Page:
HANS JOSEPHSOHN

26 April – 1 June 2022

“I have a feeling I have never accepted life as it is. But of course that gave me the strength to put something else in its place; to show how it should be. I suppose philosophers would call it utopian. […] I always choose sculpture, maybe to protect myself from my own vehemence, from the catastrophe of real contact. Maybe that’s how I deal with the fullness of life, because it’s too much for me to take.”

Hans Josephsohn

Throughout his career, Hans Josephsohn (1920 – 2012) sculpted the human figure — a form which goes back millennia, hinting at a primal need. In various guises and poses, representational as much of the human condition as of the human body, Josephsohn’s work is both timeless and vital. This exhibition brings together works spanning fifty years from the 1950s to the 1990s. All sculpted from live models within the artist’s intimate circle, the figures inhabit the space standing, reclining, as busts, or interacting in wall reliefs.

Josephsohn took inspiration from Medieval art, Romanesque churches and Indian temple reliefs, amongst others, drawn to the centrality of the human figure in the works. Translating the lived experience into sculpture, “to Josephsohn, human beings are bodies; everything is expressed in this body — thoughts and feeling, desires and anxieties, stories and expectations”, Gerhard Mack explains.

Orphaned and displaced by the Second World War as a teenager, and then forced into labor camps as a Jewish immigrant in Switzerland, the experience of war has marked his oeuvre and his relationship to humanity. Beginning his career in the late 1930s, Josephsohn spent decades in his studio trying to comprehend the core of a person, of an individual outside of the collective, which could be swayed so drastically. Josephsohn lived through his expressive sculpture, and those he sculpted. “All the crises in life, all of the adventures… I went through all of that in my studio” he says. Living in exile, Josephsohn comments, “sculpture became my home country. Sculptors across history were my true relatives.” In his sculpture, he finds a neutral plane in which the body is stripped bare of any political affiliations, becoming anti-monuments to the fascist era and monuments to the humanity of individual existence, as expressed through the physicality of the body, celebrating love and life.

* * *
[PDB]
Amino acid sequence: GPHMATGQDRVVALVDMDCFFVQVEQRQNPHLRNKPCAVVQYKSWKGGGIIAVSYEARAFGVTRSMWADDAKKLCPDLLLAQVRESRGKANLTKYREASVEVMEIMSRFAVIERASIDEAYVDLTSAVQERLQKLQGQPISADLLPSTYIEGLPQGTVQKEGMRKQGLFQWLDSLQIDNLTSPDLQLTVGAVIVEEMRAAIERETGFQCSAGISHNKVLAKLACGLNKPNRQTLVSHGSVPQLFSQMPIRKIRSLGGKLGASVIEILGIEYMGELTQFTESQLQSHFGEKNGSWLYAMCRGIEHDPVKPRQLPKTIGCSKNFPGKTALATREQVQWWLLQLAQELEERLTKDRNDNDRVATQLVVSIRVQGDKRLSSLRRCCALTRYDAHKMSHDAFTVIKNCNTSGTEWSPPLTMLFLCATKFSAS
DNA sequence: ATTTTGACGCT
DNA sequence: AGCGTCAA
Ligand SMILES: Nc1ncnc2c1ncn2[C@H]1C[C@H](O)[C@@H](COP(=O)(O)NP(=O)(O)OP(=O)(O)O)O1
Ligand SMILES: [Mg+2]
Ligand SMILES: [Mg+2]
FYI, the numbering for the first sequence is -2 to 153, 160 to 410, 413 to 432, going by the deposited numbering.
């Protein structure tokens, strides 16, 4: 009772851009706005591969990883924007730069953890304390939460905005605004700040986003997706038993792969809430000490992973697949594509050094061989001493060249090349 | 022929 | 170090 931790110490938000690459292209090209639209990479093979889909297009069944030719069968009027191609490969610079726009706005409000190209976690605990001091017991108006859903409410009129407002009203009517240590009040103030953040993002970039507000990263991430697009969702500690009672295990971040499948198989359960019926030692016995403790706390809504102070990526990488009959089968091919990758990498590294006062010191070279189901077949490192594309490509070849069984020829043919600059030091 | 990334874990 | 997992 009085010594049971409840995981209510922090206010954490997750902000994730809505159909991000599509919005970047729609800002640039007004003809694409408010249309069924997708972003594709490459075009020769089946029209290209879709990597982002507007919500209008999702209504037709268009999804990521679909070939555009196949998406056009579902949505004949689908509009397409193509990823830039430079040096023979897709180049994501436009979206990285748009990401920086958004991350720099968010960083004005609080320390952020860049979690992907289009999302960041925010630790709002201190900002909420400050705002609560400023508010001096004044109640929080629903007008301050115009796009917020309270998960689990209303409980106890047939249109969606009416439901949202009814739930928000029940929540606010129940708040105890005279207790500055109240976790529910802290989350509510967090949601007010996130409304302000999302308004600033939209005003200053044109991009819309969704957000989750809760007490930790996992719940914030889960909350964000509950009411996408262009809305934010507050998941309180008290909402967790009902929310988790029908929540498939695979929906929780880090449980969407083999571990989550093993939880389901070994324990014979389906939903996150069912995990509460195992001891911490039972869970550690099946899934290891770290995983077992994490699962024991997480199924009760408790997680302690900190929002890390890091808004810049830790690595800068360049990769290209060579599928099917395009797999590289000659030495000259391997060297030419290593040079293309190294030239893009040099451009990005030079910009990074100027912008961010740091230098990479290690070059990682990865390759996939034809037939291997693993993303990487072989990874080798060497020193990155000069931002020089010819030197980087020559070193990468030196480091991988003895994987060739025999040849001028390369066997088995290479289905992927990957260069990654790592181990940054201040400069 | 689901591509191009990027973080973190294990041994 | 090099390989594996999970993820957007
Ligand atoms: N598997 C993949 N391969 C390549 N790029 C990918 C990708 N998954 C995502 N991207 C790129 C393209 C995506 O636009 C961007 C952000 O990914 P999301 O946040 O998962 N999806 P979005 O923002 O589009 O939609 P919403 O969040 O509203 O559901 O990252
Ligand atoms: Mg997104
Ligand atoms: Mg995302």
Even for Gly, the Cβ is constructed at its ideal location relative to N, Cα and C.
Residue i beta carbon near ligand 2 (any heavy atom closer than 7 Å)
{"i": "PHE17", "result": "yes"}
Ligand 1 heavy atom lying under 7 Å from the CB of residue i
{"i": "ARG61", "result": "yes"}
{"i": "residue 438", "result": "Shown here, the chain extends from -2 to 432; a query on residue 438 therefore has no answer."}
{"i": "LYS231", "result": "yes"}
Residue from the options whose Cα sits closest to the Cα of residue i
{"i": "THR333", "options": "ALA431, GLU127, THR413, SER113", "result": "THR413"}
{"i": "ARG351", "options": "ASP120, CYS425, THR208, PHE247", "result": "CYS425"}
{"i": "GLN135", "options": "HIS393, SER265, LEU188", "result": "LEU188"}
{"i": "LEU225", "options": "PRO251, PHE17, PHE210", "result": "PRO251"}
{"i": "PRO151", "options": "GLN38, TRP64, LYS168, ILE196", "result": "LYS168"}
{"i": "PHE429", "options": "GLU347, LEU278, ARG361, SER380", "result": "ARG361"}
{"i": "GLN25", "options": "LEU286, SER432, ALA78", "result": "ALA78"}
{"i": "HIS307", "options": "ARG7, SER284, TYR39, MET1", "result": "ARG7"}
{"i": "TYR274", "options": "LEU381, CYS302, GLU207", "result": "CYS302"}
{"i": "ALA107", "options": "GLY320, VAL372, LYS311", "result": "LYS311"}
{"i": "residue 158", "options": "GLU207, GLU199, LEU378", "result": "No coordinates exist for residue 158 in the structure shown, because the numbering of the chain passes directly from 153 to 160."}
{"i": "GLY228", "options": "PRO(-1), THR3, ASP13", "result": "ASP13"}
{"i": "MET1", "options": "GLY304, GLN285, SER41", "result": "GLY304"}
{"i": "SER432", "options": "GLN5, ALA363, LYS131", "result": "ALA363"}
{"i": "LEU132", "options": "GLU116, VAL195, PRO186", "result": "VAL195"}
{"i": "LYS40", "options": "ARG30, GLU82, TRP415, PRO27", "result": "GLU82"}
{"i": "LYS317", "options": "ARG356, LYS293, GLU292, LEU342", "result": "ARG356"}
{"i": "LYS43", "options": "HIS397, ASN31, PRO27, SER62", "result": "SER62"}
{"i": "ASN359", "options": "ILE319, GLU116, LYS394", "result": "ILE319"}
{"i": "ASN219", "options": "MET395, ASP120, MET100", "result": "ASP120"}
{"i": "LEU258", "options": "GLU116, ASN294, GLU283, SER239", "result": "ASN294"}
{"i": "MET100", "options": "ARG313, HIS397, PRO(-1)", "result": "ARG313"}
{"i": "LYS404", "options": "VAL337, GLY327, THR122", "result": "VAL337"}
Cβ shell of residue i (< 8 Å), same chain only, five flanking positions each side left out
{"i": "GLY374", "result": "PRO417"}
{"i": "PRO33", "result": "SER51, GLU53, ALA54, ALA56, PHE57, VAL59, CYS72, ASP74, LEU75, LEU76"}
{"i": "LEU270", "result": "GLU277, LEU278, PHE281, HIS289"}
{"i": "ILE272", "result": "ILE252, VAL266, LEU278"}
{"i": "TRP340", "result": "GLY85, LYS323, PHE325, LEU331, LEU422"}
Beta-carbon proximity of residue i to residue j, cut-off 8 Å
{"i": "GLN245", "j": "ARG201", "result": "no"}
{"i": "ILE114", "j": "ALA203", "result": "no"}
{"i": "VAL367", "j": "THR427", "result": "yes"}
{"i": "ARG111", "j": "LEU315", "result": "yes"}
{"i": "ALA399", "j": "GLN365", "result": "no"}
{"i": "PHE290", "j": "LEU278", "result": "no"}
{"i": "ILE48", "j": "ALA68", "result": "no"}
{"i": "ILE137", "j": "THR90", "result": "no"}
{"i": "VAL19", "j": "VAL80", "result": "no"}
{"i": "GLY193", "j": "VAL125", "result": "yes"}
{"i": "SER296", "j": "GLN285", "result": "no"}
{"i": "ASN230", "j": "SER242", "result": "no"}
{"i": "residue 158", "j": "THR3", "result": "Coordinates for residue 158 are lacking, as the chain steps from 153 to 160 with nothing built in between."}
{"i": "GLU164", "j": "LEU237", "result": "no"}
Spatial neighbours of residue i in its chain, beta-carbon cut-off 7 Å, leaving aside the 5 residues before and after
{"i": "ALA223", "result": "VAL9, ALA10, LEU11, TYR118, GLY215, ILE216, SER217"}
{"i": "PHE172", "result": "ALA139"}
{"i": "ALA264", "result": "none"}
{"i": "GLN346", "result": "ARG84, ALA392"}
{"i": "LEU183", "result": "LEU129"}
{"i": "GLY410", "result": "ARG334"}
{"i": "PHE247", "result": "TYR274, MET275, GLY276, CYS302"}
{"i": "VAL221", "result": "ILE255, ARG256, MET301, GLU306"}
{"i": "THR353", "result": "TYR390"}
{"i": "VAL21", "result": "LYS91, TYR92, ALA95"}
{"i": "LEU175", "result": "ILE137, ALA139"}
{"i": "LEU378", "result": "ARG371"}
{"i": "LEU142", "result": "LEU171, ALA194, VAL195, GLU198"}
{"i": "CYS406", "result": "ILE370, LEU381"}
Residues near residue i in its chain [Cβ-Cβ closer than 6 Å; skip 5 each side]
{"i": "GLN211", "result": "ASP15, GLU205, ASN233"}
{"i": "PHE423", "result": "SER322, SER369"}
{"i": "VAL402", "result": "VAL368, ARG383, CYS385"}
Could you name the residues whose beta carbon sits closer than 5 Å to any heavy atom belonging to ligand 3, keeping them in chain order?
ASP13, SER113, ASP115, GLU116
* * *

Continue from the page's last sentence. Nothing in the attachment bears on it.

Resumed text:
Describing his process as a mystical experience which brought him great joy, Josephsohn sculpted his large works in plaster and smaller works in clay before casting them in brass, and occasionally bronze. Working in an additive and subtractive process, Josephsohn would both mould the works with his hands and coarsely chisel away at them, using an axe or a hammer. From an impermanent brittle material, Josephsohn created something permanent, durable — a sculpture cast in brass, still revealing the marks of its own making and the direct relationship between the hand of the artist and the body of the subject. Jackie Wullschlager elaborates, “simultaneously they are confrontational in their reserve, enveloped in their realm: fleeting records of a moment, a stance, a pose; fragmentary witnesses to process, change, and the turbulence of their creation.”

Having spent time in Italy studying frescoes, and in London contemplating the works at the National Gallery and the British Museum, Josephsohn introduced a narrative quality to his work through wall-based reliefs. Whereas in his portraits Josephsohn addressed the body as a receptacle of emotion and life, in his reliefs he canonises a transient moment between figures. Breaking out of the confines of the frame, the figures have an incredible energy to them. Replicating the experience of the studio, an onlooker often observes the scene. Josephsohn comments “when life was hard, I used to make couples. Wishful thinking. The impression is deceptive, of course. Happiness is personal. And maybe the couple will break up.” One scene depicts a woman seductively stretching as she contemplates her reflection in the mirror. In another, a couple embraces while a kneeling figure in the corner looks on. Drawing on a language which is both historical and current, Josephsohn’s work summarises the essence of humanity, outside of all of its intrusions. He sought to make sculpture that “has the power of life itself.”